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Internet Ethics: Views From Silicon Valley

Internet Values

Internet Values

Internet Values?

"1.     The Internet’s architecture is highly unusual.

2.       The Internet’s architecture reflects certain values.

3.       Our use of the Net, based on that architecture, strongly encourages the adoption of those values.

4.       Therefore, the Internet tends to transform us and our institutions in ways that reflect those values.

5.       And that’s a good thing."

The quoted list above comprises the premises that undergird an essay by David Weinberger, recently published in The Atlantic, titled “The Internet That Was (And Still Could Be).” Weinberger, who is the co-author of The Cluetrain Manifesto (and now a researcher at Harvard’s Berkman Center for Internet & Society), argues that the Internet’s architecture “values open access to information, the democratic and permission-free ability to read and to post, an open market of ideas and businesses, and provides a framework for bottom-up collaboration among equals.” However, he notes, in what he calls the “Age of Apps” most Internet users don’t directly encounter that architecture:

In the past I would have said that so long as this architecture endures, so will the transfer of values from that architecture to the systems that run on top of it. But while the Internet’s architecture is still in place, the values transfer may actually be stifled by the many layers that have been built on top of it.

Moreover, if people think, for example, that the Internet is Facebook, then the value transfer may be not just stifled but shifted: what they may be absorbing are Facebook’s values, not the Internet’s. However, Weinberger describes himself as still ultimately optimistic about the beneficial impact of the Internet. In light of the layers that obscure its architecture and its built-in values, he offers a new call to action: “As the Internet’s architecture shapes our behavior and values less and less directly, we’re going to have to undertake the propagation of the values embedded in that architecture as an explicit task” (emphasis added).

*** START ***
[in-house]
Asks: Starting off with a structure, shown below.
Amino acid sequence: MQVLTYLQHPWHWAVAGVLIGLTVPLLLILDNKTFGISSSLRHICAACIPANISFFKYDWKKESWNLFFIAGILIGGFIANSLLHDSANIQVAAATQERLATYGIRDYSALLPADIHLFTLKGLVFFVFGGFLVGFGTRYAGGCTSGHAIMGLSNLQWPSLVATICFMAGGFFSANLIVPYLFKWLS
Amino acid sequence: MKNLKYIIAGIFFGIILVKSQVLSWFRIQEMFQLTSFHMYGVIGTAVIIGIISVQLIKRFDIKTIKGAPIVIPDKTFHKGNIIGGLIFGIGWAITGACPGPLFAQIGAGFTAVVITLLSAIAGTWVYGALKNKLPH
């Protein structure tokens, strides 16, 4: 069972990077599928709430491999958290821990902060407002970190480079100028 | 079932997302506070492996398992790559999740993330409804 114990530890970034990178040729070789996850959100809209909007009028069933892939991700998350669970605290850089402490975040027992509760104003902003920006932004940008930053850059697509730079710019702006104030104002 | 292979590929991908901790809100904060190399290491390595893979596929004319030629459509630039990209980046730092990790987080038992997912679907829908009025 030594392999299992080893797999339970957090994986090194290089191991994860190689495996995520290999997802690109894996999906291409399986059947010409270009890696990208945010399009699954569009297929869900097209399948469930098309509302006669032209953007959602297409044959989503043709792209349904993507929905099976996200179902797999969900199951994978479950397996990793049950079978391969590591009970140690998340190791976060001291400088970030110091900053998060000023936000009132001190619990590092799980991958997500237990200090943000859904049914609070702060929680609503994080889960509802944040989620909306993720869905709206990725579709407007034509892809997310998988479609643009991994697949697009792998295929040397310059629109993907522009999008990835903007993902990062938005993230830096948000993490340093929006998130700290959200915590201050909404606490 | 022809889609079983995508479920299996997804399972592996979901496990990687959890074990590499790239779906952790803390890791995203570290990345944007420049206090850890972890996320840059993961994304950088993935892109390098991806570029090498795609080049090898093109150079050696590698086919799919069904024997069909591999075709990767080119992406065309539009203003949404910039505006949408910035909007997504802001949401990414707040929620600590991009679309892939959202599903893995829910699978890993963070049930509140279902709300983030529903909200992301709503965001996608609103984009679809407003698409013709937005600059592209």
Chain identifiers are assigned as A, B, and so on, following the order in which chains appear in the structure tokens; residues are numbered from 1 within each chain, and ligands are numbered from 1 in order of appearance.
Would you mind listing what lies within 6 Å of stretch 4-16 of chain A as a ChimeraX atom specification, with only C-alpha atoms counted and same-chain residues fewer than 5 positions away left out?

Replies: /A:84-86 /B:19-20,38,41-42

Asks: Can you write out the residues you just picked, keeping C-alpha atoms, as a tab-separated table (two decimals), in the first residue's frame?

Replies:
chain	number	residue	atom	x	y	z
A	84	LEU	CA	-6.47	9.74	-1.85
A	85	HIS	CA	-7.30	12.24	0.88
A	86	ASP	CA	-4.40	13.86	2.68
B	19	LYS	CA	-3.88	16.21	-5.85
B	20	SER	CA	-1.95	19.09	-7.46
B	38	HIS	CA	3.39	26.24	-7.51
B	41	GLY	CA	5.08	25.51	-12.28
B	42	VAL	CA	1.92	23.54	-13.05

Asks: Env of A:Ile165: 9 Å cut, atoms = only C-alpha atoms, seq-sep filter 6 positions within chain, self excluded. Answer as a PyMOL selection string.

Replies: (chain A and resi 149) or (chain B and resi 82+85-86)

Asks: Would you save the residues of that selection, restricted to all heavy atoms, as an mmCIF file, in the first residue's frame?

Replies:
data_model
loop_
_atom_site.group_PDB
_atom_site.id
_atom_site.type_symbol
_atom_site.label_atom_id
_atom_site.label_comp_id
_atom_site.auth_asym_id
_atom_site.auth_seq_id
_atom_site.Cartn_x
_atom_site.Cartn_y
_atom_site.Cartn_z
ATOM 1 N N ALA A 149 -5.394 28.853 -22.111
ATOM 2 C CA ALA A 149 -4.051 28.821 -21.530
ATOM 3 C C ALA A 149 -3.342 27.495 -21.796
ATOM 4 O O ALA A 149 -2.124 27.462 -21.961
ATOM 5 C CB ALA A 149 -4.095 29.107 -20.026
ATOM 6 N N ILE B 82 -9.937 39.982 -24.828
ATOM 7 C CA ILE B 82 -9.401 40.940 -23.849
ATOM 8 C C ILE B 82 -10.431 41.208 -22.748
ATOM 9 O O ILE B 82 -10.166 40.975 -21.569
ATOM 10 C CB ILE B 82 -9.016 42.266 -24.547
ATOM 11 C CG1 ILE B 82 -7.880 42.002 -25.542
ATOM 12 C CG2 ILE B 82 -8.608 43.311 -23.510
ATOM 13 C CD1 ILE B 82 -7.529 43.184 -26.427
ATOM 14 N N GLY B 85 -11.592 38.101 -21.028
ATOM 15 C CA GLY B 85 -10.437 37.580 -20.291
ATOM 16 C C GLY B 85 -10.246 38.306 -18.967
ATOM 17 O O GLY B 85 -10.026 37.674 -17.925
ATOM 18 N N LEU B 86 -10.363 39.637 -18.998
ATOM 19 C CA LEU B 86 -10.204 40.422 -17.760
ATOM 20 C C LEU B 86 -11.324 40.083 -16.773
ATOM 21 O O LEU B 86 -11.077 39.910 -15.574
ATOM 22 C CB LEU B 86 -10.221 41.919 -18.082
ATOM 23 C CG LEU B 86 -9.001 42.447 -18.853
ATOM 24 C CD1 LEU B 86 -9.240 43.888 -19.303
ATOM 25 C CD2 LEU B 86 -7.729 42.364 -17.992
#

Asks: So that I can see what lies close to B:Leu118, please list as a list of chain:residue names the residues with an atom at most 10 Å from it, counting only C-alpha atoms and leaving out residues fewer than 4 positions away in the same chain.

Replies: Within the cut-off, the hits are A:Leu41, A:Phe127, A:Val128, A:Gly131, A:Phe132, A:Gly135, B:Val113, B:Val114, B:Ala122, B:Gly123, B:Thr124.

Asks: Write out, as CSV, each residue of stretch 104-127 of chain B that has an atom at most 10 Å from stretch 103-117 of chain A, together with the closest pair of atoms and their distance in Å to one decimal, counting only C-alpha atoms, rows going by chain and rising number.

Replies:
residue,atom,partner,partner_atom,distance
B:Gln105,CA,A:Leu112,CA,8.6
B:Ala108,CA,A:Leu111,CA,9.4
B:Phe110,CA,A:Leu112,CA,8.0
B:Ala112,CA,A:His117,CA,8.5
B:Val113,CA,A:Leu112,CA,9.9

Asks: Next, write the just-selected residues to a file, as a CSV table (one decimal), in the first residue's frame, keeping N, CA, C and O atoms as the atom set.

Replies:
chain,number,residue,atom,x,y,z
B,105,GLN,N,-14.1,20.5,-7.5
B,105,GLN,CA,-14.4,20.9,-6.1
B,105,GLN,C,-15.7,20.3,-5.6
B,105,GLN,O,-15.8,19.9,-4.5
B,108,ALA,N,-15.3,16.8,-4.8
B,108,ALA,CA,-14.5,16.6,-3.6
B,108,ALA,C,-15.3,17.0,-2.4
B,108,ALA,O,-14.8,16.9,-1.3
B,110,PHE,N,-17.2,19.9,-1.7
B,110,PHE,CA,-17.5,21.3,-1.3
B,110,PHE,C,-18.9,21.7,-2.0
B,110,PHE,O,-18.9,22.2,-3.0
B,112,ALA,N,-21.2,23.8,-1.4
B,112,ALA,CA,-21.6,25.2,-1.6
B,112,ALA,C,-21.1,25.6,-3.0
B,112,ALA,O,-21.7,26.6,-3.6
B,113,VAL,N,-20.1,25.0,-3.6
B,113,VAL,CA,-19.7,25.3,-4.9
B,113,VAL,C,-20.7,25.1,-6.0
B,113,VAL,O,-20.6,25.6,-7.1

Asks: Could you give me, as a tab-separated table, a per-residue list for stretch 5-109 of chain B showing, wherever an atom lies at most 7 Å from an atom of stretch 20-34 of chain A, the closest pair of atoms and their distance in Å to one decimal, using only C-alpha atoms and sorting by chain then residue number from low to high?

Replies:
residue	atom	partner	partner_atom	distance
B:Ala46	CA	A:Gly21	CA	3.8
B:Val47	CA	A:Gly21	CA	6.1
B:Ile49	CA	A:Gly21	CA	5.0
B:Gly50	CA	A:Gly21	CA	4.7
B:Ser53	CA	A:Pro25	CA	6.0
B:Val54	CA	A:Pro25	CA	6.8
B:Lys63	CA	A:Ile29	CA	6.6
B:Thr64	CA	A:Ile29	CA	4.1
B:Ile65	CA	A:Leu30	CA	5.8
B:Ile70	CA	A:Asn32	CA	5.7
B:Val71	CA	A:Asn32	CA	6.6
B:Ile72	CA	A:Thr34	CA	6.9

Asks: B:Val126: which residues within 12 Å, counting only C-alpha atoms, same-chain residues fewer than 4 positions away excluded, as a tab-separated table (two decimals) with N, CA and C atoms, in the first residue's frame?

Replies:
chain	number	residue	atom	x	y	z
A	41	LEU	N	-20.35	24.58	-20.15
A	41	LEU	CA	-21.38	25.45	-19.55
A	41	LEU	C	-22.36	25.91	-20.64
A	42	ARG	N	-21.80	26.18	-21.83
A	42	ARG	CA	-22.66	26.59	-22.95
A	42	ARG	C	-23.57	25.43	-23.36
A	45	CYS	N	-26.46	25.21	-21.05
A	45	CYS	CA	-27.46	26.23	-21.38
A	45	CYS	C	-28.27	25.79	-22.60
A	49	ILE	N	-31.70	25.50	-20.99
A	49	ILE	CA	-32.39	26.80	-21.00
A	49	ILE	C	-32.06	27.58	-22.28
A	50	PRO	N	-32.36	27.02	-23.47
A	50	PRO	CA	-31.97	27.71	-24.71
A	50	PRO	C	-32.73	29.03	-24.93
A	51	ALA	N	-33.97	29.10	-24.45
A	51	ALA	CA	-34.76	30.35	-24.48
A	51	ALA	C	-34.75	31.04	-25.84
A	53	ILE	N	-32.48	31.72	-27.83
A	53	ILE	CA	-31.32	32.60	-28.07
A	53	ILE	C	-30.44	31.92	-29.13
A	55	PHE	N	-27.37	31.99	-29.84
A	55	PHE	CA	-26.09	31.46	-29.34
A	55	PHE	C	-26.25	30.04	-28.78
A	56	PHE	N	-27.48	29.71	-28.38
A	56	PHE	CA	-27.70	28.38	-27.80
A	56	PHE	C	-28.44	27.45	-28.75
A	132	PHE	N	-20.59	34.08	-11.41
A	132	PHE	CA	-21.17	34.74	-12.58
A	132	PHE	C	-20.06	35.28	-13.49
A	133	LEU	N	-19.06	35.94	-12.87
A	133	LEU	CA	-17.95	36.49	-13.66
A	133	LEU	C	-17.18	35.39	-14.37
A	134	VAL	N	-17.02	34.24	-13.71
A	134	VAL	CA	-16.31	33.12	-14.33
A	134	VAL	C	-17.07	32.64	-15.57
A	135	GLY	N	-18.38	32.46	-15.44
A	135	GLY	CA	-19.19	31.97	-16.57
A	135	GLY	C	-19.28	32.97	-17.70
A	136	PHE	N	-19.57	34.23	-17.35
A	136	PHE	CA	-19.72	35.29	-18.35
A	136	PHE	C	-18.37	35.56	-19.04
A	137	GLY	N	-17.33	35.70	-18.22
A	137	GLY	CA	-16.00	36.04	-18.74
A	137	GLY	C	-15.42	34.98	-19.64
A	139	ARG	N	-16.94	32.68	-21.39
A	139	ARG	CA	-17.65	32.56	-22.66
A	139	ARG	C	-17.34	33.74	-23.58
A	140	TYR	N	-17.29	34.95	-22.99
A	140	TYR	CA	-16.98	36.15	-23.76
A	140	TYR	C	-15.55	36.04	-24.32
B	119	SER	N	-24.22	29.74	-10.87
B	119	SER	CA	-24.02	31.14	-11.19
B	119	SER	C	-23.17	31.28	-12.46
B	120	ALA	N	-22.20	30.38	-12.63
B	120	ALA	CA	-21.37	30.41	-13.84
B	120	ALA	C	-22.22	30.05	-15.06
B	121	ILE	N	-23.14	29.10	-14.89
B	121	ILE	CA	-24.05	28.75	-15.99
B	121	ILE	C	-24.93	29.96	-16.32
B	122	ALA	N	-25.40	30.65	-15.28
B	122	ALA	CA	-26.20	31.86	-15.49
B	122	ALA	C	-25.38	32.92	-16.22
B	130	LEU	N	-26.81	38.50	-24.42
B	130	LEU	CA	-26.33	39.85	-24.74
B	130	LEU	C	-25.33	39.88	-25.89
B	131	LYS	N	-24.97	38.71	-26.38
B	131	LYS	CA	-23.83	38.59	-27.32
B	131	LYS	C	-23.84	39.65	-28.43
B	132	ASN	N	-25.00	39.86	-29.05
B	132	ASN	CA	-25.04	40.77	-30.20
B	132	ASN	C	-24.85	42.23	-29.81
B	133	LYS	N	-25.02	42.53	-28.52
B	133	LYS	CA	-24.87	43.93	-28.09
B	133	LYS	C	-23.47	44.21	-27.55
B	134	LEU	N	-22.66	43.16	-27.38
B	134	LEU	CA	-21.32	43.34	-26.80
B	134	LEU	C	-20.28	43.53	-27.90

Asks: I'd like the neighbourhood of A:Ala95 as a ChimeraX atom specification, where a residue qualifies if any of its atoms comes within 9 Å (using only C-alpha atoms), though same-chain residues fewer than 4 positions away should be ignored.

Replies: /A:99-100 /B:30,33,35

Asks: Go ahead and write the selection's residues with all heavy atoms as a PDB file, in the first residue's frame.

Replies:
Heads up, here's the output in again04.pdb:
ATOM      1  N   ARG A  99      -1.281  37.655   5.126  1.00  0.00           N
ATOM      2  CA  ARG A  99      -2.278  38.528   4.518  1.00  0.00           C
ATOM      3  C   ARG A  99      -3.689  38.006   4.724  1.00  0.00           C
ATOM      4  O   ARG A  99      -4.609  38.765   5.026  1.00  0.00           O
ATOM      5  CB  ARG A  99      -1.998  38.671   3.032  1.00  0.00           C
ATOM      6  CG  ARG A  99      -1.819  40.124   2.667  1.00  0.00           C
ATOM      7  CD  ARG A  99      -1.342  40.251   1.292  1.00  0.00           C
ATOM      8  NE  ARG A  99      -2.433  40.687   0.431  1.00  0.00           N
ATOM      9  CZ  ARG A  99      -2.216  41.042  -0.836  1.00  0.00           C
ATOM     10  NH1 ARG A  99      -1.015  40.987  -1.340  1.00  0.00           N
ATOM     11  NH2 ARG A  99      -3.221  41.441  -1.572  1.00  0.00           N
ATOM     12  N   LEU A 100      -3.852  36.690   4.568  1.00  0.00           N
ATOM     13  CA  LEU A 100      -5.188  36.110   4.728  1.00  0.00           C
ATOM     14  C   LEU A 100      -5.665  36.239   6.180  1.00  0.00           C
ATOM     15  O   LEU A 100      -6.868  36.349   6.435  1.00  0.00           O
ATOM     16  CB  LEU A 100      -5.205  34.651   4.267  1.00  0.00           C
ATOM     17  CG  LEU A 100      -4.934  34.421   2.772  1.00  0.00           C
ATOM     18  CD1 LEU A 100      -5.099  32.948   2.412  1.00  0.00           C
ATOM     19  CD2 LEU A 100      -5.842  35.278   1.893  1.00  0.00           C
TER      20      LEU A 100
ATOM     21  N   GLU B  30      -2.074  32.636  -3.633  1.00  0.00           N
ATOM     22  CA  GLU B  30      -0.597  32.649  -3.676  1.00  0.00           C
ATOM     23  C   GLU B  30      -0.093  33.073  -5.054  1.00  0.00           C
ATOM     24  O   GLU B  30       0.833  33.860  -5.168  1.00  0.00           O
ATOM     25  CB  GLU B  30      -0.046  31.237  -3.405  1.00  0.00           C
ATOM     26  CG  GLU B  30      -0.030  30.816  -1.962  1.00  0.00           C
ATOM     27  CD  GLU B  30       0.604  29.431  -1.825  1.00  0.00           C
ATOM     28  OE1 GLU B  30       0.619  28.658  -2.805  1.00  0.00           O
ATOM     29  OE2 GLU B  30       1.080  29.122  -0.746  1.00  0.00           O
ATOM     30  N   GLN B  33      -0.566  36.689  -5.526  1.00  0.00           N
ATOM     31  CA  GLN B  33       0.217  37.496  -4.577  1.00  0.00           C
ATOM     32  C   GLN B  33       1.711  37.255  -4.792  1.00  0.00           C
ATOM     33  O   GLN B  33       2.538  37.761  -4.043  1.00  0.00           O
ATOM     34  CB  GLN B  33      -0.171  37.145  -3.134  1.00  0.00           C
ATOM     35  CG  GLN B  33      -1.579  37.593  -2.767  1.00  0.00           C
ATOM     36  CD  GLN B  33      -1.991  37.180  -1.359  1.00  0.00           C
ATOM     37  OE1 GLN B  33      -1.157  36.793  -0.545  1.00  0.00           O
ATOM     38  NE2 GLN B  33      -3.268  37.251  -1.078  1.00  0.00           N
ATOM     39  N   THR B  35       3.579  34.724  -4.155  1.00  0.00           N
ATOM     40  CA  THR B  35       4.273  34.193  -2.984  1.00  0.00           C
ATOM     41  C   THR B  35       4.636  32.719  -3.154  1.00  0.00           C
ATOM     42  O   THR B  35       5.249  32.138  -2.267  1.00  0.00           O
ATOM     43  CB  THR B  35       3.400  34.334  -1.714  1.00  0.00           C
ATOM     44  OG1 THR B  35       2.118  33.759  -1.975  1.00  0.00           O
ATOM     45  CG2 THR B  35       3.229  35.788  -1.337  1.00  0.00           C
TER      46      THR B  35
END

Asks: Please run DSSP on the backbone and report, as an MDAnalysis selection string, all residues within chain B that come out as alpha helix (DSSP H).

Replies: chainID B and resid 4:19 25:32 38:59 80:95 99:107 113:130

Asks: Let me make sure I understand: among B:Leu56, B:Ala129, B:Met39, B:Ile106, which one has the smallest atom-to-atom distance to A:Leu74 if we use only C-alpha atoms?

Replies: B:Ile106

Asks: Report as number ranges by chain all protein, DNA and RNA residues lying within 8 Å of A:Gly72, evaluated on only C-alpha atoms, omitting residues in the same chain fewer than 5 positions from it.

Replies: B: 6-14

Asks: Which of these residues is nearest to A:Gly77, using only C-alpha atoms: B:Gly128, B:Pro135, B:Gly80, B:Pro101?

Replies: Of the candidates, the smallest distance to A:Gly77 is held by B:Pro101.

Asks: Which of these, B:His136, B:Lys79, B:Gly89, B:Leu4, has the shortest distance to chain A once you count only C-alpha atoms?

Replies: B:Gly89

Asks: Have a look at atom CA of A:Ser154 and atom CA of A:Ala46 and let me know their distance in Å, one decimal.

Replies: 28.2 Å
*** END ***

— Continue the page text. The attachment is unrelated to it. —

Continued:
It’s interesting to consider this essay in conjunction with the results of a poll reported recently by the Pew Research Center. In a study of people from 32 developing and emerging countries, the Pew researchers found that

[t]he aspect of the internet that generates the greatest concern is its effect on a nation’s morals. Overall, a median of 42% say the internet has a negative influence on morality, with 29% saying it has a positive influence. The internet’s influence on morality is seen as the most negative of the five aspects tested in 28 of the 32 countries surveyed. And in no country does a majority say that the influence of the internet on morality is a positive.

It should be noted at the outset that not all of those polled described themselves as internet users—and that Pew reports that a “major subgroup that sees the internet positively is internet users themselves” (though, as a different study shows, millions of people in some developing countries mistakenly identify themselves as non-users when they really do use the Internet).

Interesting distinctions emerge among the countries surveyed, as well. In Nigeria, Pew reports, 50% of those polled answered that “[i]ncreasing use of the Internet in [their] country has had a good influence on morality.” In Ghana, only 29% did. In Vietnam, 40%. In China, 25%. In Tunisia, 17%. In Russia, 13%.

The Pew study, however, did not attempt to provide a definition of “morality” before posing that question. It would have been interesting (and would perhaps be an interesting future project) to ask users in other countries what they perceive as the values embedded in the Internet. Would they agree with Weinberger’s list? And how might they respond to an effort to clarify and propagate those values explicitly, as Weinberger suggests? For non-users of the Internet, in other countries, is the motivation purely a lack of access, or is it a rejection of certain values, as well?

If a clash of values is at issue, it involves a generational aspect, too: the Pew report notes that in many of the countries surveyed, “young people (18-34 years old) are much more likely to say that the internet has a good influence compared with older people (ages 35+).” This, the report adds, “is especially true on its influence of morality.”

Photo by Blaise Alleyne, used without modification under a Creative Commons license.

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